Learning leaders redefine success as the pursuit of ever better. Fostering a learning culture starts with a radical redefinition of what it means to succeed. Rather than relying on traditional definitions (e.g., performance related to lagging outcomes, compliance with preset rules), learning leaders measure success by a new metric: individual and collective progress toward goals. The system and individuals improve even when high standards are met. Highfliers and leaders become those who learn quickly, customize well, and support others in doing the same.
Learning leaders demonstrate a fierce commitment to shared vision, values, and goals. They act as moral agents,15Palmer, P. J. (2007). A new professional: The aims of education revisited. Change: The Magazine of Higher Learning, 39(6), 6–13. challenging positional leaders, entrenched ways of working, and elements of strategy that are not serving the system’s most marginalized students and communities. They treat failures as learning opportunities and create an environment where system stakeholders feel safe to fail.16McKinsey & Company. (2020, February 18). Have you made it safe to fail?https://www.mckinsey.com/business-functions/mckinsey-digital/our-insights/fasttimes/have-you-made-it-safe-to-fail They recognize and reward innovation and risk taking and highlight what was learned, why the risk was worth it, and how the system is better as a result. When failure happens, they communicate early and often that system design and leadership are implicated, and they work with stakeholders to shift system structures. Stronger system design and routines, rather than perfection from staff, accelerates success. Those successes and the learning journey are captured and told in stories that build relationships and commitment to the shared mission and spread knowledge of what works.
Pursue improvement in their own leadership practice
Learning leaders apply the same improvement standards to themselves that they expect of others. They have an approach for designing, guiding, and participating in system learning and improvement and constantly test their practice to achieve desired results. Once their approach is captured in a Theory of Leadership, leaders transparently and methodically improve their own leadership approach, the same way they improve their organization, team, or network strategy. Being explicit helps guard against a natural inclination to adjust recollection of anticipated outcomes once results are in (e.g., “I always thought this would play out like this.”).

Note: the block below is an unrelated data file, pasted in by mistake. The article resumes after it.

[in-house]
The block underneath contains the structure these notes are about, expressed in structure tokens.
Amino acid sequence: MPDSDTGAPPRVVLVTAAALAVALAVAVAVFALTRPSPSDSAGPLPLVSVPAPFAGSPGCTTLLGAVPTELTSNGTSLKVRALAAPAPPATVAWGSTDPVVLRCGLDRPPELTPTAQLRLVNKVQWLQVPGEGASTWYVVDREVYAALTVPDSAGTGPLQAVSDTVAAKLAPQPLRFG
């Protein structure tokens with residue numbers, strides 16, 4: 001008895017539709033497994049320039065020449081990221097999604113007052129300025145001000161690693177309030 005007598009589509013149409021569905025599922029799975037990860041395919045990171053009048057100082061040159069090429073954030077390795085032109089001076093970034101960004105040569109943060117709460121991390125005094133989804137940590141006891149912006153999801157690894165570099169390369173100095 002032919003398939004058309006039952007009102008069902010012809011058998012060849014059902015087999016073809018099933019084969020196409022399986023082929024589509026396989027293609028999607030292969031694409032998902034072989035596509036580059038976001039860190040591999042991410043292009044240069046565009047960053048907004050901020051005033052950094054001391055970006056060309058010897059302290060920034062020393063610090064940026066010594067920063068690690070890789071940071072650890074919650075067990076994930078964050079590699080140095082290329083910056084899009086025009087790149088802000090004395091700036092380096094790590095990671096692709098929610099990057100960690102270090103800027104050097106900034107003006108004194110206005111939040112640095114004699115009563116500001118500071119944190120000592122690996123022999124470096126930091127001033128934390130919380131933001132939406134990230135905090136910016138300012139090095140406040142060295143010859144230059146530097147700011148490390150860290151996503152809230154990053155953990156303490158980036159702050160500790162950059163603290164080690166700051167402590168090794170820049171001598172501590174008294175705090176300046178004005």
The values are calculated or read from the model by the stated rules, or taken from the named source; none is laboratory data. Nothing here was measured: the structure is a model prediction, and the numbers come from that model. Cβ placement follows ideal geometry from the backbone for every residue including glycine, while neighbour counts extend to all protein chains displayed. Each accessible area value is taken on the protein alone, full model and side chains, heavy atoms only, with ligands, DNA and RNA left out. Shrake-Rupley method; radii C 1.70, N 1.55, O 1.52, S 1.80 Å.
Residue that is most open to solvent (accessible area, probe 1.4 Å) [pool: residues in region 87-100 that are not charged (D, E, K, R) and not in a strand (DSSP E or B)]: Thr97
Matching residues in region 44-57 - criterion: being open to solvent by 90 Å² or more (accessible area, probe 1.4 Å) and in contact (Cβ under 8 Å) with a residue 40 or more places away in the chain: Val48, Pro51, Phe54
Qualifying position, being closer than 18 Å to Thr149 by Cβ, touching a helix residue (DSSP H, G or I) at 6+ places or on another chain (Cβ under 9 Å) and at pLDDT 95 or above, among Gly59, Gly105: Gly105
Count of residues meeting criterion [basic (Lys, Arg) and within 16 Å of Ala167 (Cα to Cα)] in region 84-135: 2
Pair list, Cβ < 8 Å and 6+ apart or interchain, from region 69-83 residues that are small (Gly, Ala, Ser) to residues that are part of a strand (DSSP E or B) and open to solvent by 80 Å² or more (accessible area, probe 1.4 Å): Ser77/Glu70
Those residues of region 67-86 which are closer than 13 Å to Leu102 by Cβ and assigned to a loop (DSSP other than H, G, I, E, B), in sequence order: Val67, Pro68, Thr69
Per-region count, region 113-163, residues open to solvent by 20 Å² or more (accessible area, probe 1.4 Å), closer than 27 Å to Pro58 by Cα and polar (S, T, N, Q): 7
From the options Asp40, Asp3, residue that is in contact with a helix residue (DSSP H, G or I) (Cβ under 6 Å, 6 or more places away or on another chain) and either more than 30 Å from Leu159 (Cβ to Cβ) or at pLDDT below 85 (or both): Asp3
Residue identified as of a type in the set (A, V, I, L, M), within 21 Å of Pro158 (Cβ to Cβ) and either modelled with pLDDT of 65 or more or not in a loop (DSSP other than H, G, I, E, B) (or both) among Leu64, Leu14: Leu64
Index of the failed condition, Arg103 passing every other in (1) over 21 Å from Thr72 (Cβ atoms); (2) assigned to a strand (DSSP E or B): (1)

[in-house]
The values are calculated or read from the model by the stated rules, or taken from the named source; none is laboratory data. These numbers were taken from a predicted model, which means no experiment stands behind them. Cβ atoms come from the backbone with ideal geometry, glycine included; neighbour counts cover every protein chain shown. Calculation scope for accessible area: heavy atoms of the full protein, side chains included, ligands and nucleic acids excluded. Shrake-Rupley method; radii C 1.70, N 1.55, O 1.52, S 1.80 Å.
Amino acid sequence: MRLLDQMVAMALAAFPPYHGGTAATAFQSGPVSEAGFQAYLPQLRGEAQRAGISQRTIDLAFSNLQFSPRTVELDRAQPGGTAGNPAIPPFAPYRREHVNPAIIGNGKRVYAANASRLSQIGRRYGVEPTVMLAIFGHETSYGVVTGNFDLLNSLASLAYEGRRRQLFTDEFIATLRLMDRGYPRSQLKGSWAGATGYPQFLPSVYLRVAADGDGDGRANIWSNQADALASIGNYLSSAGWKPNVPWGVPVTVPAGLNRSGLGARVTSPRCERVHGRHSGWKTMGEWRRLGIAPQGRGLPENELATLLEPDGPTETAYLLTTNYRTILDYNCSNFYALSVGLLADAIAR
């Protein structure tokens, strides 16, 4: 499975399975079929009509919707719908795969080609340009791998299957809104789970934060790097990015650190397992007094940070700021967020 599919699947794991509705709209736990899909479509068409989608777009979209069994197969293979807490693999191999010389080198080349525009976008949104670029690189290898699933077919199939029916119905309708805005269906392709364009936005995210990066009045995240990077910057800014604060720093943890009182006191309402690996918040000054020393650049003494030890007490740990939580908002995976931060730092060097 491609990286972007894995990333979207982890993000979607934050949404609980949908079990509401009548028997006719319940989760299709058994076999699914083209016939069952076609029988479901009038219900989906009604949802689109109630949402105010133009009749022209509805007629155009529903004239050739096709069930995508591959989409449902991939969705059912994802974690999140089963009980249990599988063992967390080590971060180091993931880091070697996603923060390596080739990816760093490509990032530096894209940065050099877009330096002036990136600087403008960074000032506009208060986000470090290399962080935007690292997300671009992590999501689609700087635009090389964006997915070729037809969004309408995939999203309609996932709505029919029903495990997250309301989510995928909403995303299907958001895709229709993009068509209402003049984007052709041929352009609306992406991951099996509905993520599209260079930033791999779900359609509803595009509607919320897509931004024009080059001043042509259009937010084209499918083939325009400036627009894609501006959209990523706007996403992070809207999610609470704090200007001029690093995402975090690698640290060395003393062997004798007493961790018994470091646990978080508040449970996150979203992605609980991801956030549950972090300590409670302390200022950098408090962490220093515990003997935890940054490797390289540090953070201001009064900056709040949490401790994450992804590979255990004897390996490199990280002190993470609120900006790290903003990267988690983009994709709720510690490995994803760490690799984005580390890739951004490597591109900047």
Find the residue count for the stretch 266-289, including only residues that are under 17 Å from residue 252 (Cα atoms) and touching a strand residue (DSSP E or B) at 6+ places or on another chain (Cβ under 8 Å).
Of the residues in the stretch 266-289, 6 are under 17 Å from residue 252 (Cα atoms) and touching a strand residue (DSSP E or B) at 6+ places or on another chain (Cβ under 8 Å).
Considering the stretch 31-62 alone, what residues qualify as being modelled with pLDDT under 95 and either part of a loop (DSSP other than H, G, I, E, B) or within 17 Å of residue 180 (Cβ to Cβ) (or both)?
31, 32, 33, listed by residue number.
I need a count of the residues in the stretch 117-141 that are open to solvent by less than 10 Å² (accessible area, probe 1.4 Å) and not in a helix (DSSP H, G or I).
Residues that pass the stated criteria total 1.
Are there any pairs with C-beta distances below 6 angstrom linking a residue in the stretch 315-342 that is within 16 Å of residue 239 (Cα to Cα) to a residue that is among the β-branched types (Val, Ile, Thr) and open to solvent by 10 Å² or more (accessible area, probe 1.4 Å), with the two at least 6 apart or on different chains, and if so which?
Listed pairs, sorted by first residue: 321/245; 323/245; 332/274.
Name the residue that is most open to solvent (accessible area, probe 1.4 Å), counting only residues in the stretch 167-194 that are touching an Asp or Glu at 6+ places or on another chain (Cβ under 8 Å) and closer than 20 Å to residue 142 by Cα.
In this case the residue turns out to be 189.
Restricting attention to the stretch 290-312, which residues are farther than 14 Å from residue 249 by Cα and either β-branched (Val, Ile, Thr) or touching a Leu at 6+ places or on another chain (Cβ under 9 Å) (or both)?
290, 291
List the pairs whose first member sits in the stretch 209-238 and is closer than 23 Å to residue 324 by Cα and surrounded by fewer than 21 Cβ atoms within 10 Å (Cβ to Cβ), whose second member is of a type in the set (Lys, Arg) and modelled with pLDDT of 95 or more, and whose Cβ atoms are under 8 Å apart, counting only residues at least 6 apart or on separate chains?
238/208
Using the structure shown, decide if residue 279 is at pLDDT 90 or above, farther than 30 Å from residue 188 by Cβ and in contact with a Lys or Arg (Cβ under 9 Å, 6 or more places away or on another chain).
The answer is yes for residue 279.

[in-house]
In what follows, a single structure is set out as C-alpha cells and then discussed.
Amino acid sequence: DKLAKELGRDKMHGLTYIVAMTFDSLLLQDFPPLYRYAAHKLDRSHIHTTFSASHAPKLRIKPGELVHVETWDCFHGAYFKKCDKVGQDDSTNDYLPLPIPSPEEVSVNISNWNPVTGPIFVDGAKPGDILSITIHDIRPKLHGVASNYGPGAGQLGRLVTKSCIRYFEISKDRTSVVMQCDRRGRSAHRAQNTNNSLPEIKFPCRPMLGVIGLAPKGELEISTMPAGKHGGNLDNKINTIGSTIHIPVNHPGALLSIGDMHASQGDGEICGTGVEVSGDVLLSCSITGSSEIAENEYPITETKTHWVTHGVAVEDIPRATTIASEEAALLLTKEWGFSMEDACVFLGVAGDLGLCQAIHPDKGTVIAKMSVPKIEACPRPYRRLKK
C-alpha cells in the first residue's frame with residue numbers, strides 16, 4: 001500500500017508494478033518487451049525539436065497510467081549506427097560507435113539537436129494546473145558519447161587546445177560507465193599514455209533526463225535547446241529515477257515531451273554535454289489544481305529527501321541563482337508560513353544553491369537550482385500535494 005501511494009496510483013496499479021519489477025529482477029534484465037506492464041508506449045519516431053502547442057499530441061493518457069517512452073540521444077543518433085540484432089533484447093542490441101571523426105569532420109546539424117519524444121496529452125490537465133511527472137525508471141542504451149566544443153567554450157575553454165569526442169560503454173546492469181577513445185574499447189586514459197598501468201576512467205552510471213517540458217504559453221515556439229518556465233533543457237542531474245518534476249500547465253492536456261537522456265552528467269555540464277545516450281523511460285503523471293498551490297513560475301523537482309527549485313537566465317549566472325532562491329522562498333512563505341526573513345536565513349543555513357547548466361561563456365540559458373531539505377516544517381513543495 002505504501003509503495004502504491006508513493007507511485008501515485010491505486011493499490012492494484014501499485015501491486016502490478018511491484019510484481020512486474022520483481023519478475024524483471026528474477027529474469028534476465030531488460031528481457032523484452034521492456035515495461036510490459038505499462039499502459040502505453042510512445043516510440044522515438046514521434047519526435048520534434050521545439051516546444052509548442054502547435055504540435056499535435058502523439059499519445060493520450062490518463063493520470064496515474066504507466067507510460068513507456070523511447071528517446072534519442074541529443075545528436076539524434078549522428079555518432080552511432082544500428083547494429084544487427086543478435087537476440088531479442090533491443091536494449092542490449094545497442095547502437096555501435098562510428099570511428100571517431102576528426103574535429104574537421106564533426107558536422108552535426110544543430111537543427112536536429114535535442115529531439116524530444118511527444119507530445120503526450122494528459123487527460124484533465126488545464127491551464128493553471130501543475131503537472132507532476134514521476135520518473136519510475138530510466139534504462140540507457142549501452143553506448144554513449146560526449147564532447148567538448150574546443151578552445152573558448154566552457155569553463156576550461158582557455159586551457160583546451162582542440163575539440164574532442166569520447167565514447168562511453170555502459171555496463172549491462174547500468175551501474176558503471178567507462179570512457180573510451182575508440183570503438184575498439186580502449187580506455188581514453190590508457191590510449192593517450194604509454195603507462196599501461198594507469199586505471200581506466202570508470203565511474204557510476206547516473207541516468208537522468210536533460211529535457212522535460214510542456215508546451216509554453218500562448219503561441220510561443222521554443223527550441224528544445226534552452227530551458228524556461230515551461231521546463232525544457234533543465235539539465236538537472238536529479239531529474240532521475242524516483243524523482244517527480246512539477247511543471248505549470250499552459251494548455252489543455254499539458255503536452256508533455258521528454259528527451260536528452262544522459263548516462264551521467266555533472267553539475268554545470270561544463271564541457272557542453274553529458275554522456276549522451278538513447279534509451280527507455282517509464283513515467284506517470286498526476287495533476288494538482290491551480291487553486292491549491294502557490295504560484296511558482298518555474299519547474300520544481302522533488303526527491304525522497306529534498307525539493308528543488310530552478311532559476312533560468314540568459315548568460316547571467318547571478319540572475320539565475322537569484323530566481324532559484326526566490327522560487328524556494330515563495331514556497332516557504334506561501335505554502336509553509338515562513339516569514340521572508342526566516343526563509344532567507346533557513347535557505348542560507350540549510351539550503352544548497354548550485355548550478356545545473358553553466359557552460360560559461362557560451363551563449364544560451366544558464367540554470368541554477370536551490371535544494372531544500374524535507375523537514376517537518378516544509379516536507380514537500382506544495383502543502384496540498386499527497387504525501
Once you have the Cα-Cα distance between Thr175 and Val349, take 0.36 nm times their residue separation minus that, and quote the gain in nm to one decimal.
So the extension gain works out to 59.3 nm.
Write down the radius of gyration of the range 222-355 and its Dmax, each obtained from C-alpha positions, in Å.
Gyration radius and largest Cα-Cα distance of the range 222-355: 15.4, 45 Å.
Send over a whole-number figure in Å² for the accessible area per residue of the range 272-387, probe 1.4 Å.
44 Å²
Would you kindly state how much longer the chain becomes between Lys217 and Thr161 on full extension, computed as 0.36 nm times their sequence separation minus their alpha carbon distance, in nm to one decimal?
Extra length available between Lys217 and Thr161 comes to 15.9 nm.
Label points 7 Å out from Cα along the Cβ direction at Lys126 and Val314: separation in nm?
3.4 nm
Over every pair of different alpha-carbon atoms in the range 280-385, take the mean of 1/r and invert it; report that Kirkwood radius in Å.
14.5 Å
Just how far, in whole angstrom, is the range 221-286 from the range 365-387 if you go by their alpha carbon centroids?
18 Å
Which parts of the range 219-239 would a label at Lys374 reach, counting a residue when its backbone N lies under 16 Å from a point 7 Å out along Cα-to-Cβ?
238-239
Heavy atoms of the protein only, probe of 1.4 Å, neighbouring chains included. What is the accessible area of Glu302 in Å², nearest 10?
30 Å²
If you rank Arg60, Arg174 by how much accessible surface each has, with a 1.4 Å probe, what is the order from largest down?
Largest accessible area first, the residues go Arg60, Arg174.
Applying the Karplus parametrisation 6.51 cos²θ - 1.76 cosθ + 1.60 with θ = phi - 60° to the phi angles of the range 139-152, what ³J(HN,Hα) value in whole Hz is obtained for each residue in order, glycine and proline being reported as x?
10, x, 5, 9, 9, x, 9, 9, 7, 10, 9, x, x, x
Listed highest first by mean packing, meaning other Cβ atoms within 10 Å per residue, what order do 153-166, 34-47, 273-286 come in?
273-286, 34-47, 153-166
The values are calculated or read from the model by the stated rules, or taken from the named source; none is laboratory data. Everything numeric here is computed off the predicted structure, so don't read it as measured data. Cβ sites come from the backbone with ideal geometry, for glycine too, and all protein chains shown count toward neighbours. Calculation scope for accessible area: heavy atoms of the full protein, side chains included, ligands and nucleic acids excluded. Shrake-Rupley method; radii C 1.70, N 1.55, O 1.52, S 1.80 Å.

Living out this approach requires a number of “soft” behaviors: humility, vulnerability, a willingness to constantly learn, and an openness about when and about how you’ve fallen short or where you do not have answers. Underlying this practice is a simple question: “How can I do better today than I did yesterday?”
Codify and apply shared values
Learning leaders create and highlight a sense of collective identity by working with others to recognize the qualities of their system that differentiates it from others. They capture those norms and values, ideally in a short and quippy list, and keep them front and center, posting them publicly in shared workspaces and grounding any collaborative work by returning to them as norms. Being explicit about these values is critical—keeping them tacit makes it more difficult to communicate, measure, refine, and apply them consistently across the system.
Once these norms and values are defined, learning leaders regularly assess their own leadership practice and system design against them and help those they lead do the same. At High Tech High, for example, “sparking joy” is a value that leaders and community members say is critical to effective learning. Leaders and staff across the organization constantly assess their design decisions and behaviors against that value : “Is this activity we’re designing for the network convening going to spark joy? Is how I’m coaching teams sparking joy?” When behaviors or system design is not living up to or furthering those values, leaders respond and help others do the same.